A Conservative parliamentary candidate has been criticised for being paid £25,000 a year to head up a university thinktank that does not yet exist.
Andrea Jenkyns, who was MP for the West Yorkshire constituency of Morley and Outwood and is standing for re-election, has been receiving payments from the University of Bolton since July for her role in the venture.
Details were first uncovered by Research Professional News in the parliamentary register of MPs’ financial interests, which records income received by MPs in addition to their main salary.
Guardian inquiries later revealed an individual cash donation of £2,000 to Jenkyns, recorded in the register in February and made by George Holmes, who is vice-chancellor of the University of Bolton. Holmes told the Guardian it was a private donation and did not come from the university.
According to an entry in the register for 5 November, Jenkyns is being paid £25,000 per year for her role as director of the National Centre for Higher Education Policy, University of Bolton, but there appears to be no mention of the centre or Jenkyns’ role in it on the university website and there has been no public announcement of the role.
The payments to Jenkyns, for eight hours’ work a week, began at the start of July.
A spokesman for the university confirmed that Jenkyns had brought the idea of the new policy thinktank to the university, but it was “still being formulated” and would be launched next year. “Andrea and her team are currently laying down the basis, defining the objectives and strategies and recruiting members of the team,” he said.
“We will not comment on payments made to anyone who works with the university, but we will be happy to give more detail about the thinktank when it is launched in the new year.”
The shadow education secretary, Angela Rayner, challenged Jenkyns’ record on education and said: “Andrea Jenkyns has serious questions to answer over her relationship with Bolton University.
“If she actually cared about the prospects of children in Morley and Outwood she would have voted against the Conservatives’ cuts to schools and youth services instead of supporting them time after time.”
Deanne Ferguson, the Labour candidate standing against Jenkyns in Morley and Outwood, added: “Living in the constituency most of my life, I think the people here will find it hard to swallow that an MP earning almost £80k a year needs an additional salary.
“The £25k additional salary quoted is around the average earnings for many of my constituents, but those working across the care sector on zero-hours contracts or in retail may only dream of even earning that amount.”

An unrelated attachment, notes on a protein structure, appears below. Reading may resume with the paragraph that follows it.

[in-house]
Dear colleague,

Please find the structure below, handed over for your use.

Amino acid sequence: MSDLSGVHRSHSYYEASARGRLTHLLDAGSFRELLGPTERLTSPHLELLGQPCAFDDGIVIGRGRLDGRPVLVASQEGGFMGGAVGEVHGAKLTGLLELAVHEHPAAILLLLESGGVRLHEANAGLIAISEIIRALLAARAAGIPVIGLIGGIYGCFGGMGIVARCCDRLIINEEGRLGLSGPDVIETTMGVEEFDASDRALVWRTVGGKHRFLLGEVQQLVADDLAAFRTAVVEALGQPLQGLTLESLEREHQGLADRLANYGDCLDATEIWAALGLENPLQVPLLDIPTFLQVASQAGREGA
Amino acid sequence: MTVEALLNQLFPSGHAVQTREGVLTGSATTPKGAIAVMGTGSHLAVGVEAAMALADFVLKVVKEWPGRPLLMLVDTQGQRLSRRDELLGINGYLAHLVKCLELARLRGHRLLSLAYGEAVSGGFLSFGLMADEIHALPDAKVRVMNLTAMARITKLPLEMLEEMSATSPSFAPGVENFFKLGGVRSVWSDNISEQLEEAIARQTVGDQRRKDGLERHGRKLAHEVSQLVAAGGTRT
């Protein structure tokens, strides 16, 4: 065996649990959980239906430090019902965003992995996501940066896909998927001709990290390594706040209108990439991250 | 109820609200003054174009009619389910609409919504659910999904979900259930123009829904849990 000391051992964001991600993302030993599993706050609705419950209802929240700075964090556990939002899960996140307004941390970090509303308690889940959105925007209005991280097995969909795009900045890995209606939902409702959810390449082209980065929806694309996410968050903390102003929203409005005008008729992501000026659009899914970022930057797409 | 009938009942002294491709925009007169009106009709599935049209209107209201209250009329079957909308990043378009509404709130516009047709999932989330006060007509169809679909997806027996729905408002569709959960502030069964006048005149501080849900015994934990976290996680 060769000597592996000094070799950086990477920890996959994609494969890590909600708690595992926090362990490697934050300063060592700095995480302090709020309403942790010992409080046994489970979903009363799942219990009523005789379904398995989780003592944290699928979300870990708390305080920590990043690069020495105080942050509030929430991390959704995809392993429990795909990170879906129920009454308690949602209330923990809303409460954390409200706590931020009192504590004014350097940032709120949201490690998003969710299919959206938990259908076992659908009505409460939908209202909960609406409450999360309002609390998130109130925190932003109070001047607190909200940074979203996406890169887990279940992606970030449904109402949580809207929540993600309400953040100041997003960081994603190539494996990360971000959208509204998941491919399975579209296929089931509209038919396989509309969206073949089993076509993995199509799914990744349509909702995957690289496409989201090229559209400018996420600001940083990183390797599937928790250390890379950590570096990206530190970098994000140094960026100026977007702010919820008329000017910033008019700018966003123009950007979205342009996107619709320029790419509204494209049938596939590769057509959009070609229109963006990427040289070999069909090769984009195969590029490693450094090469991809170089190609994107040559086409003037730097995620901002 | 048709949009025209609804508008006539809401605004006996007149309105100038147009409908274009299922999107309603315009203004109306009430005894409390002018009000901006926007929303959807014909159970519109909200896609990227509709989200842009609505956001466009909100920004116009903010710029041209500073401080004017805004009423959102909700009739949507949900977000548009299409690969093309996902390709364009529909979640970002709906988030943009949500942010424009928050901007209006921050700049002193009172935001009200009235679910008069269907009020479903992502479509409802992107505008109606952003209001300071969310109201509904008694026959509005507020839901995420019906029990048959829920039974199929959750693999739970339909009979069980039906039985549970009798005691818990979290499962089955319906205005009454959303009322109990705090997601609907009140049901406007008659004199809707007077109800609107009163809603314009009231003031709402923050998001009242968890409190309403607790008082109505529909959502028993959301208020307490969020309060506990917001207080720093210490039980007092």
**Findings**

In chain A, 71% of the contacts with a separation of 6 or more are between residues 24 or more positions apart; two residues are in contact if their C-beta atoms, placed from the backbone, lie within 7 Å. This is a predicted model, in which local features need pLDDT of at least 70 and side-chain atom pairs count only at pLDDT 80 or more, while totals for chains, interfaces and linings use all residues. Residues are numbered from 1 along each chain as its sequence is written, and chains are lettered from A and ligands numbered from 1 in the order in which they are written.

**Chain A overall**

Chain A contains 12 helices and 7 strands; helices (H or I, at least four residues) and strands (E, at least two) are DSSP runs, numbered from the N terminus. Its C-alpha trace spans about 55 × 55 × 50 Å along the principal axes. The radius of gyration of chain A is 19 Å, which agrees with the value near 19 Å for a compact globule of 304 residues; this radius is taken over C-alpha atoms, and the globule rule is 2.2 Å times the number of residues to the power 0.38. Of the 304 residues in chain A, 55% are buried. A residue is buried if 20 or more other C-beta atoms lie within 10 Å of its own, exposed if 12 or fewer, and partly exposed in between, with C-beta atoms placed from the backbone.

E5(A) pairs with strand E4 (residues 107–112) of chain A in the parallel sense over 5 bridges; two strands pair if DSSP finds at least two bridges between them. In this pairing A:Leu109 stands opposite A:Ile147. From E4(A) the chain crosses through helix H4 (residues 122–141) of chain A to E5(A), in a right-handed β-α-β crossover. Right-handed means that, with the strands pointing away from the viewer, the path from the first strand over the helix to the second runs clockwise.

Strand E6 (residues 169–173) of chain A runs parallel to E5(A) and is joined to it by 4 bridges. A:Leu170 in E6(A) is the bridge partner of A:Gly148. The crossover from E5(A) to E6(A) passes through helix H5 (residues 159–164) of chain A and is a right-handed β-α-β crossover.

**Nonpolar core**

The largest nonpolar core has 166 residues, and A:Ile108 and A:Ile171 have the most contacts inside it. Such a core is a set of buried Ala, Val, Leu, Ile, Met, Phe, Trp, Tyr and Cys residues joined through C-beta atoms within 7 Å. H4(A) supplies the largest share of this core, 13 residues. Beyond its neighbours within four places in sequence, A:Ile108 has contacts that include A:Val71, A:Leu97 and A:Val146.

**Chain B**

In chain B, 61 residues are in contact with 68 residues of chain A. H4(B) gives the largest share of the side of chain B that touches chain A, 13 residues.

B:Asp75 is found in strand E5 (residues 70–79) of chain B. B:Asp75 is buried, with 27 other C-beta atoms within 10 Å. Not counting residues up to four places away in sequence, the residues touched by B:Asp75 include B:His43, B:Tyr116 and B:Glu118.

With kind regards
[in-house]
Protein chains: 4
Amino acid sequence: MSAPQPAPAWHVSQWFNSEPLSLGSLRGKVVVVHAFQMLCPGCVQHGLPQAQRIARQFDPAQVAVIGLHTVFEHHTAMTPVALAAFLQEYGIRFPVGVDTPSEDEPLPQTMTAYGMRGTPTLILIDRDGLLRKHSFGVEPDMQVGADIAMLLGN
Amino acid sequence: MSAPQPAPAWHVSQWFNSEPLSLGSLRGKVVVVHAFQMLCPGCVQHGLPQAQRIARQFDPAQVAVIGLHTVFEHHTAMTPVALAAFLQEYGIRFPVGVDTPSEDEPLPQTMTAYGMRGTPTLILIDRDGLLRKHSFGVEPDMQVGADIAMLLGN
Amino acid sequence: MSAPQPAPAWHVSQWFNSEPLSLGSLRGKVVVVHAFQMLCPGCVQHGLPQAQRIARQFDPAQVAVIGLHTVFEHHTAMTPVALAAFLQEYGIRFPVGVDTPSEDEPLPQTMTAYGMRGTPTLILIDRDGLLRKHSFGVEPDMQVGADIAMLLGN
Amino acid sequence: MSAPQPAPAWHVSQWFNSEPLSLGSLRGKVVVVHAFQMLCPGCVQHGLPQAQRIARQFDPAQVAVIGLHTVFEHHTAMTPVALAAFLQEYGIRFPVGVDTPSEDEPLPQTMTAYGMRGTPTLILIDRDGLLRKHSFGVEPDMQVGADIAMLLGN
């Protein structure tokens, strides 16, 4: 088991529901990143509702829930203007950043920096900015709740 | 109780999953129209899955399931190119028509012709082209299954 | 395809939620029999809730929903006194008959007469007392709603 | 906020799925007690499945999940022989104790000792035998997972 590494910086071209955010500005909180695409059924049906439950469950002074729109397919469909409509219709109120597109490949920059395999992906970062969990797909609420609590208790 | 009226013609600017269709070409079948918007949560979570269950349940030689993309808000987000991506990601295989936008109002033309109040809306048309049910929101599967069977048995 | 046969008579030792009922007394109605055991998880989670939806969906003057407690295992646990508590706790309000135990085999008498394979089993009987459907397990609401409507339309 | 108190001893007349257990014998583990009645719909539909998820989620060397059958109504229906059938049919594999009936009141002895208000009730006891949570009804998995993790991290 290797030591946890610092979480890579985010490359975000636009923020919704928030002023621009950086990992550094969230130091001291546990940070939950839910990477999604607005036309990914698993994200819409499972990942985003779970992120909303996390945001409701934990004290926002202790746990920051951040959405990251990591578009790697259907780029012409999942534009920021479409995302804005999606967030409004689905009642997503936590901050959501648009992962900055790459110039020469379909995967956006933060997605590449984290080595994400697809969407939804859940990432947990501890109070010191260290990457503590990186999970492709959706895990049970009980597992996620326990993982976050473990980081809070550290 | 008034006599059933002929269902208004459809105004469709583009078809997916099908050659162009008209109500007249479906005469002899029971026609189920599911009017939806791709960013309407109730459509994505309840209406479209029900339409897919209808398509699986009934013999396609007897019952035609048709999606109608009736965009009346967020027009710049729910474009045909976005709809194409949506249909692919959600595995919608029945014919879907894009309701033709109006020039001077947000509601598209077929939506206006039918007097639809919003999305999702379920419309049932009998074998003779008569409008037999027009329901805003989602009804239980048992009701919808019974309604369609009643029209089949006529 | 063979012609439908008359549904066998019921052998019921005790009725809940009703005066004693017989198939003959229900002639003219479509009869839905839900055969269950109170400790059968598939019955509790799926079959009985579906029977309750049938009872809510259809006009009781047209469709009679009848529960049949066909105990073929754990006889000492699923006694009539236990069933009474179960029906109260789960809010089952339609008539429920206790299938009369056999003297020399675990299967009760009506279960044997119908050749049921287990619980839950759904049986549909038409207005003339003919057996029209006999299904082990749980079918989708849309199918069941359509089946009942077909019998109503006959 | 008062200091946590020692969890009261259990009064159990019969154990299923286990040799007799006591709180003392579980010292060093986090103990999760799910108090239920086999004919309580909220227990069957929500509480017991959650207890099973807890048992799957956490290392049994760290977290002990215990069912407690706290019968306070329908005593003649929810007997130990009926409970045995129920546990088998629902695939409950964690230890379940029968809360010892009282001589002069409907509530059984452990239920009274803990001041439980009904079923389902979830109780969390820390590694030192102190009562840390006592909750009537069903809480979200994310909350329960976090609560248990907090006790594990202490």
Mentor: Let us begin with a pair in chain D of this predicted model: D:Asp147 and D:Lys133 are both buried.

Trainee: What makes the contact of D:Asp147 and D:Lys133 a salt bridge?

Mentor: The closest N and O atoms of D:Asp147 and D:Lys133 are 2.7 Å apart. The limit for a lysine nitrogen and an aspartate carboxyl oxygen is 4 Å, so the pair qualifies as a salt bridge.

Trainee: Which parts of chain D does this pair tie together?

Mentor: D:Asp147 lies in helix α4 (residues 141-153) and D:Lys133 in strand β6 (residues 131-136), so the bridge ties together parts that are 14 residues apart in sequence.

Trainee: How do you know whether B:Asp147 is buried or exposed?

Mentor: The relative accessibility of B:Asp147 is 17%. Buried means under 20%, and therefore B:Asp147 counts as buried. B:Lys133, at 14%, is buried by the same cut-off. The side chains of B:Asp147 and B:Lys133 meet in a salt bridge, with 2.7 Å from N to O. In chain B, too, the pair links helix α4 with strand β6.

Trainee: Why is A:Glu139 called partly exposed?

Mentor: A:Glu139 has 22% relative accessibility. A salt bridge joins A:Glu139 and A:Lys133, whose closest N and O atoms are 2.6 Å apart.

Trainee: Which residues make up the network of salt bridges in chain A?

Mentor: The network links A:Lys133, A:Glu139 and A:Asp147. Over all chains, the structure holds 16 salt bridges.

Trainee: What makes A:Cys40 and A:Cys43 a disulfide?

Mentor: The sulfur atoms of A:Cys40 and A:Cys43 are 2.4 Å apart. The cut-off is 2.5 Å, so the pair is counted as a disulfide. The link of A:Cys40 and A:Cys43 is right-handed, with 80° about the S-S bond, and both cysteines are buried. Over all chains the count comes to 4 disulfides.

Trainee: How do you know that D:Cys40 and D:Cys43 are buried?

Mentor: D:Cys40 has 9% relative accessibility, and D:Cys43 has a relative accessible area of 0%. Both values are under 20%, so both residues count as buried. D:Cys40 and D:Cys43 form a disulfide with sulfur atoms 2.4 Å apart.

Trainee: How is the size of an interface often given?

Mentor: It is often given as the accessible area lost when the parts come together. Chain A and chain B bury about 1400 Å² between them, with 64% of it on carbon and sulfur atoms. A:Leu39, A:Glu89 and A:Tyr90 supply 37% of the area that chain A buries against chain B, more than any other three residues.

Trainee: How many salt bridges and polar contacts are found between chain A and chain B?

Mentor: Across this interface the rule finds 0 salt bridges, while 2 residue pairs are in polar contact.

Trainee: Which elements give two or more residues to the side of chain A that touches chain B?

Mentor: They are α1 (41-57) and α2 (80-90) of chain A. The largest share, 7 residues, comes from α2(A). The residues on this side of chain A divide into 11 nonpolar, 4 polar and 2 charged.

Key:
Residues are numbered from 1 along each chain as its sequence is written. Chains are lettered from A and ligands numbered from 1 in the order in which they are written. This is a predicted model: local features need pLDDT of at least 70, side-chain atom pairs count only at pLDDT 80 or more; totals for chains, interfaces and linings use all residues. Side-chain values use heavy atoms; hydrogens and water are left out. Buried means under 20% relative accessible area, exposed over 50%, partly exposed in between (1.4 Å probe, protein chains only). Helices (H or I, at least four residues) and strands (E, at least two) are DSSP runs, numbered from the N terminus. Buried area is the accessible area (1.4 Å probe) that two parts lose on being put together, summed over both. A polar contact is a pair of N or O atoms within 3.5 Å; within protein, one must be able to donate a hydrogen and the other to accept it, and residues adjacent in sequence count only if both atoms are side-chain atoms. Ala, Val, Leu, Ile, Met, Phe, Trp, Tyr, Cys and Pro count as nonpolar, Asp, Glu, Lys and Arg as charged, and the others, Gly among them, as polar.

Jenkyns, a prominent Brexiter, held the seat in 2017 with a majority of 2,104 votes, after unseating the then shadow chancellor, Ed Balls, in 2015 by 422 votes. In a statement to the Guardian, she said the new thinktank would be called Rise – the Research Institute for Social Mobility and Education. “Social mobility is a big passion of mine, having been the first in my family to go to university, and having started at Greggs bakery at 16 and working my way up into management in the retail sector.”
She said she had been the chair of the all-party parliamentary group for education and was also involved in the social mobility group. “The University of Bolton has already done some fantastic work in this area and is a very inclusive university. We have recruited some well-known and respected leaders in the education sector.”
The university recently advertised a London-based job for a research associate for Rise on a site which recruits people who want to work for an MP. “Rise is a thinktank based within the National Centre for Higher Education Policy,” Jenkyns told the Guardian. “It will have its main office within the University of Bolton and in London, to reflect its national reach.”
On the £2,000 donation by the Bolton vice-chancellor, she said: “I received a one-off donation from George Holmes in February 2019. This was a donation in his personal capacity to support my fundraising activity.”
The University of Bolton languishes near the bottom of most university league tables, though its head is among the highest paid vice-chancellors in the country and has often been in the headlines. His salary now stands at £301,000 in pay and benefits, up from £295,000 the year before.
Holmes was among the guests at the infamous Presidents Club men-only dinner in January 2018, which became the focus of allegations of sexual misconduct following an exposé by the Financial Times. He later issued a statement saying he had felt uncomfortable about the treatment of female staff and had raised his concerns.
The University and College Union general secretary, Jo Grady, said: “At a time when universities are under fire for holding down staff pay while those at the top enjoy inflation-busting pay rises … the lack of transparency around this is extraordinary.”
According to 2018-19 annual accounts, which have just been published, Bolton University recorded a £2.9m deficit in 2018-19, compared with a £1m deficit the previous financial year, on total income of £61m.